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Wednesday February 24, 2010

That expensive game called football, part 2

risen@thestar.com.my

THAT Singaporeans are facing the prospect of not having the World Cup telecast live on TV is further proof of the cutthroat nature of the football business, or to be more specific, the rights of airing those games.

When we highlighted a bidding war for the 2010–2013 Barclays Premier League (BPL) rights last October, it seemed hard to accept that prices had soared to the hundreds of millions. Astro is said to have outbid the likes of Telekom Malaysia Bhd for those rights, paying in excess of US$235mil. At about the same time, Singapore Telecommunications (SingTel) had outbid StarHub in Singapore to pay a whopping estimated S$400mil for the rights for the same three seasons of BPL.

Enter the World Cup 2010. FIFA has yet to award the rights to any company in Singapore for the showing of live matches of the tournament. SingTel and Starhub, the two that had fought for BPL rights, had decided to put in a joint bid for the World Cup but they failed to secure the rights.

According to some reliable sources, FIFA, having knowledge of the figure that SingTel had forked out for BPL, had wanted an even higher price for the World Cup 2010 rights, on a per-match basis.

It is that “base price” that the Singapore bid did not meet, which explains the island republic’s current predicament. The fact remains bodies like FIFA and England’s football association are in a very strong bargaining power and have the ability to dictate pricing in an arbitrary manner.

The growing cost of football viewing rights, however, should not be surprising. Where do we think the astronomical salaries of the football stars are coming from? According to some estimates, about 40% of the revenue from the top 20 football clubs comes from viewing rights sold to pay-TV companies. The question is, how much higher will these figures go?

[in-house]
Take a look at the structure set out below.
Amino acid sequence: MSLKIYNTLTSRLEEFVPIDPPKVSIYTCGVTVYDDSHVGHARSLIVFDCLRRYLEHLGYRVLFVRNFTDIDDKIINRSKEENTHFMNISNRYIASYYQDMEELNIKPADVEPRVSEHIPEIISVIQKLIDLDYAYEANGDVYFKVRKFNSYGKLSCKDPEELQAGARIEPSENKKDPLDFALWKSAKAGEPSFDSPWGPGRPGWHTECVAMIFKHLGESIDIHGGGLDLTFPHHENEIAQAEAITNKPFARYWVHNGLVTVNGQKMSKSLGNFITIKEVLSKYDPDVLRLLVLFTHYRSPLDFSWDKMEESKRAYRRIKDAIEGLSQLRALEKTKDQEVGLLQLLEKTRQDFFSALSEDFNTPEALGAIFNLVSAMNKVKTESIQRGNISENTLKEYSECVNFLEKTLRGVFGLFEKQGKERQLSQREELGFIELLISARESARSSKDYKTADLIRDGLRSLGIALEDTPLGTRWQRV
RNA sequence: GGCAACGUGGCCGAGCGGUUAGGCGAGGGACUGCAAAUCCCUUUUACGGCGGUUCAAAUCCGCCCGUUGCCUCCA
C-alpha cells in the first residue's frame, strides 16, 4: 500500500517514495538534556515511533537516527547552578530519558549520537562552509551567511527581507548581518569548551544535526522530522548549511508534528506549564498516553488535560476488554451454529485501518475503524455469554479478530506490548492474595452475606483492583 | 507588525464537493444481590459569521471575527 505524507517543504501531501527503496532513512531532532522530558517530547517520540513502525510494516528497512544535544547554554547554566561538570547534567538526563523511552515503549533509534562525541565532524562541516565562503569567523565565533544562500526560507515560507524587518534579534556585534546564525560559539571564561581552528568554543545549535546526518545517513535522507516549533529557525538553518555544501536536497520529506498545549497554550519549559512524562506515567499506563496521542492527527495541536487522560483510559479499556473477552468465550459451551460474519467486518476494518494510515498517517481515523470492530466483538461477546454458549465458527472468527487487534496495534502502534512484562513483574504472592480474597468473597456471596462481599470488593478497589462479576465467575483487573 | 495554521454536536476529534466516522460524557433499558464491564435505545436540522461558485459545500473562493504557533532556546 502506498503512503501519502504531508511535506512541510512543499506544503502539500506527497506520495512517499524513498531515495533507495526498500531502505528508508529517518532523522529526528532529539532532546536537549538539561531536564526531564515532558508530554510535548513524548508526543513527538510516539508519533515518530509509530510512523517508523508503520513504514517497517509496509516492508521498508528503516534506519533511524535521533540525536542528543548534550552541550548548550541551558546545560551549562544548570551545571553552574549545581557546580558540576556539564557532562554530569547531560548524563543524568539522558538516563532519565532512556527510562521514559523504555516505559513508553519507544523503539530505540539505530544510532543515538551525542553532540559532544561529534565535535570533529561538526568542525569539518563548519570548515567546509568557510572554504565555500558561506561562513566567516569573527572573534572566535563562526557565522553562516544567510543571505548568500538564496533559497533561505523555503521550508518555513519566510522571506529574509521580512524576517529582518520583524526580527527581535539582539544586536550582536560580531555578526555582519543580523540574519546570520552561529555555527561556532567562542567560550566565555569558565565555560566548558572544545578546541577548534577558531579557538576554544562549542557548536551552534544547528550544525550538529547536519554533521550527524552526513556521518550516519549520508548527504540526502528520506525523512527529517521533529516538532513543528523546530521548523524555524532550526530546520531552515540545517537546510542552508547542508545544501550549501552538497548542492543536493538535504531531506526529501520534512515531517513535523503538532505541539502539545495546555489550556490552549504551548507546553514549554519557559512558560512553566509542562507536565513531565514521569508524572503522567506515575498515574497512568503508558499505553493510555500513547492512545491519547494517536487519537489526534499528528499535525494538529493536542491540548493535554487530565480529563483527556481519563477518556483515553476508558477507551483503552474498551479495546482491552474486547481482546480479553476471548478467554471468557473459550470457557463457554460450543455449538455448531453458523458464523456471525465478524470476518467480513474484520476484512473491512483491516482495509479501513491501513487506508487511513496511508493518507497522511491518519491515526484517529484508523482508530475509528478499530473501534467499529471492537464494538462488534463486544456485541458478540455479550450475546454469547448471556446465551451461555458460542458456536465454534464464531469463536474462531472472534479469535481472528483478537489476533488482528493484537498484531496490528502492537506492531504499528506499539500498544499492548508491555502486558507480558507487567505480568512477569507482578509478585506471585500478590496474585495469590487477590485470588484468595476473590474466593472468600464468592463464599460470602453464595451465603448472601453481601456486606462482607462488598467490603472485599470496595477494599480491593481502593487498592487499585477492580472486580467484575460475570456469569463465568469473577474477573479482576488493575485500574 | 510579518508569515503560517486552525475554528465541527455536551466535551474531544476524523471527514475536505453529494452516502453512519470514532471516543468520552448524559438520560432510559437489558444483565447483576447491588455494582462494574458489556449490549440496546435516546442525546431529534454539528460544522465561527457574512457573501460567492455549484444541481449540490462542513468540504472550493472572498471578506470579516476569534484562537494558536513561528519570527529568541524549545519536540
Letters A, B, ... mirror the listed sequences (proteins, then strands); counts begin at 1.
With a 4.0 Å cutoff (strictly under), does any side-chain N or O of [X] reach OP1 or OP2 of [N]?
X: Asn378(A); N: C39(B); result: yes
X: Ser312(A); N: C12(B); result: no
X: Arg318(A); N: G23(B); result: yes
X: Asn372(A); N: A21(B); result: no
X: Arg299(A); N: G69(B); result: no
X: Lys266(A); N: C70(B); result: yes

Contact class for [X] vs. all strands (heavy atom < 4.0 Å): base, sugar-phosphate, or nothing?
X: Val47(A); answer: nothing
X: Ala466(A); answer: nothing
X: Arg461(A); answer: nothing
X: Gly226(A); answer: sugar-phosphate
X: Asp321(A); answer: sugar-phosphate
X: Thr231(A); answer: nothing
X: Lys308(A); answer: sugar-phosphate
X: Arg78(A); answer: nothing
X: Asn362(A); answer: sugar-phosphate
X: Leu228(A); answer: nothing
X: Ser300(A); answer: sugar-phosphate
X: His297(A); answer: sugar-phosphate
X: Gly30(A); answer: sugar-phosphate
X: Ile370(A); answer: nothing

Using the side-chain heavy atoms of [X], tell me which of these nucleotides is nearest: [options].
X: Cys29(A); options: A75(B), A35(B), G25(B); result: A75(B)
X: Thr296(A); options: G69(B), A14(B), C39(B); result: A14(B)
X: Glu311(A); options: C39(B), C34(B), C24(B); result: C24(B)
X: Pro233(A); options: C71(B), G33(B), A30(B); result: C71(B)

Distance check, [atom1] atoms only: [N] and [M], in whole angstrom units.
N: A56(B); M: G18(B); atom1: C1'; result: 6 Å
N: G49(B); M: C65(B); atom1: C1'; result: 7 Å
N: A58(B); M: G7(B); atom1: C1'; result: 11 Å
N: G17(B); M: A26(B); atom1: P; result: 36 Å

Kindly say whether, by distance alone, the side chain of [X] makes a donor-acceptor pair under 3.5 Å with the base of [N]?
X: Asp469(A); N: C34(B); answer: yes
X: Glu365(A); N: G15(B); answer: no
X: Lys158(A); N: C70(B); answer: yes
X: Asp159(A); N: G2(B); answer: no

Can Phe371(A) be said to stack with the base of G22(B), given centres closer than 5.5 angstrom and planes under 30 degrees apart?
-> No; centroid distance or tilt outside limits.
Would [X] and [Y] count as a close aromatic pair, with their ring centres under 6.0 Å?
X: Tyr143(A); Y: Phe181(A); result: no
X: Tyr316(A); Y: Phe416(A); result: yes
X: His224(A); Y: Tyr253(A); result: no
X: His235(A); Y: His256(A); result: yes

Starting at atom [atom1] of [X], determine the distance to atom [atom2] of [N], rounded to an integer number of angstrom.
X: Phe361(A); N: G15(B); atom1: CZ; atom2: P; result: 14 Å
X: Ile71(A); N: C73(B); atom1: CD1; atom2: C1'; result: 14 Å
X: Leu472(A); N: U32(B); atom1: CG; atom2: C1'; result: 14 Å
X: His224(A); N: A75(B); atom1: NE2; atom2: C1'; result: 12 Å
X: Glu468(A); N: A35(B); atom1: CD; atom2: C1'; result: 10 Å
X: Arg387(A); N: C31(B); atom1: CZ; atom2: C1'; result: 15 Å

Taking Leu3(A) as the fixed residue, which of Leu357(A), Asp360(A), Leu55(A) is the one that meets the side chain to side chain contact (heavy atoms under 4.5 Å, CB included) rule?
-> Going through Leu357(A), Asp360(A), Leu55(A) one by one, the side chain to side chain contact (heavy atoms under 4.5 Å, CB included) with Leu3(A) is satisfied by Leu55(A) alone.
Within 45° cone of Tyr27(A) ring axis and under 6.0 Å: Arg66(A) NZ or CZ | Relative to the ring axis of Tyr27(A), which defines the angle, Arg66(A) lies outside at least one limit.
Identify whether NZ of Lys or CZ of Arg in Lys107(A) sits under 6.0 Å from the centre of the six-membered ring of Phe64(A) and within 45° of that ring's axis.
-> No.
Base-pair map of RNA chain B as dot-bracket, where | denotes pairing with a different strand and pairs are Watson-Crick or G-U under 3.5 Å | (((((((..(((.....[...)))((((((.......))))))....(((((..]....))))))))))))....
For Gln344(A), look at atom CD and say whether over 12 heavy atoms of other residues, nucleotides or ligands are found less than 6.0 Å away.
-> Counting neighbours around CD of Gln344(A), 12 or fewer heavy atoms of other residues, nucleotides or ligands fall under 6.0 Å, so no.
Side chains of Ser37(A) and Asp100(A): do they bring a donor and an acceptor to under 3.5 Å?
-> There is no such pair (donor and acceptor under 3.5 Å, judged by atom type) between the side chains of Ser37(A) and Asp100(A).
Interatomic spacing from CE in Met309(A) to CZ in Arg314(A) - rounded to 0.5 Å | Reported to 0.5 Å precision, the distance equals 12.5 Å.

If this were happening in the property market, surely experts would be warning of fears of a bubble in the making. The next question to ask is: If Singaporeans have to pay so much, how much does Astro have to pay to air the 2010 World Cup?

The good news is Astro had already secured the rights to the 2010 World Cup early last year. It had done so before the BPL bidding in Singapore and Malaysia had taken place, so the benchmark pricing was not too high.

Even then, Astro is believed to have paid three times more than the amount it paid to broadcast the previous World Cup matches. And by the looks of things, the cost of live coverage of football matches can only get higher.

Going back to the Singapore situation, it is almost unthinkable that a developed nation like Singapore will not be showing the World Cup live on its TV networks. Streaming it via the Internet, as one company is seeking to do, just won’t do it for the average Singaporean football fan.

My bet is that some how Singapore is going to pay whatever FIFA wants. It is also unlikely to get a discount over what FIFA wants as the world football body has much more to gain from making Singapore as a good example for rest of the world that if you can’t pay, you don’t watch.

Deputy news editor Risen Jayaseelan wishes he was good enough to play in the BPL.

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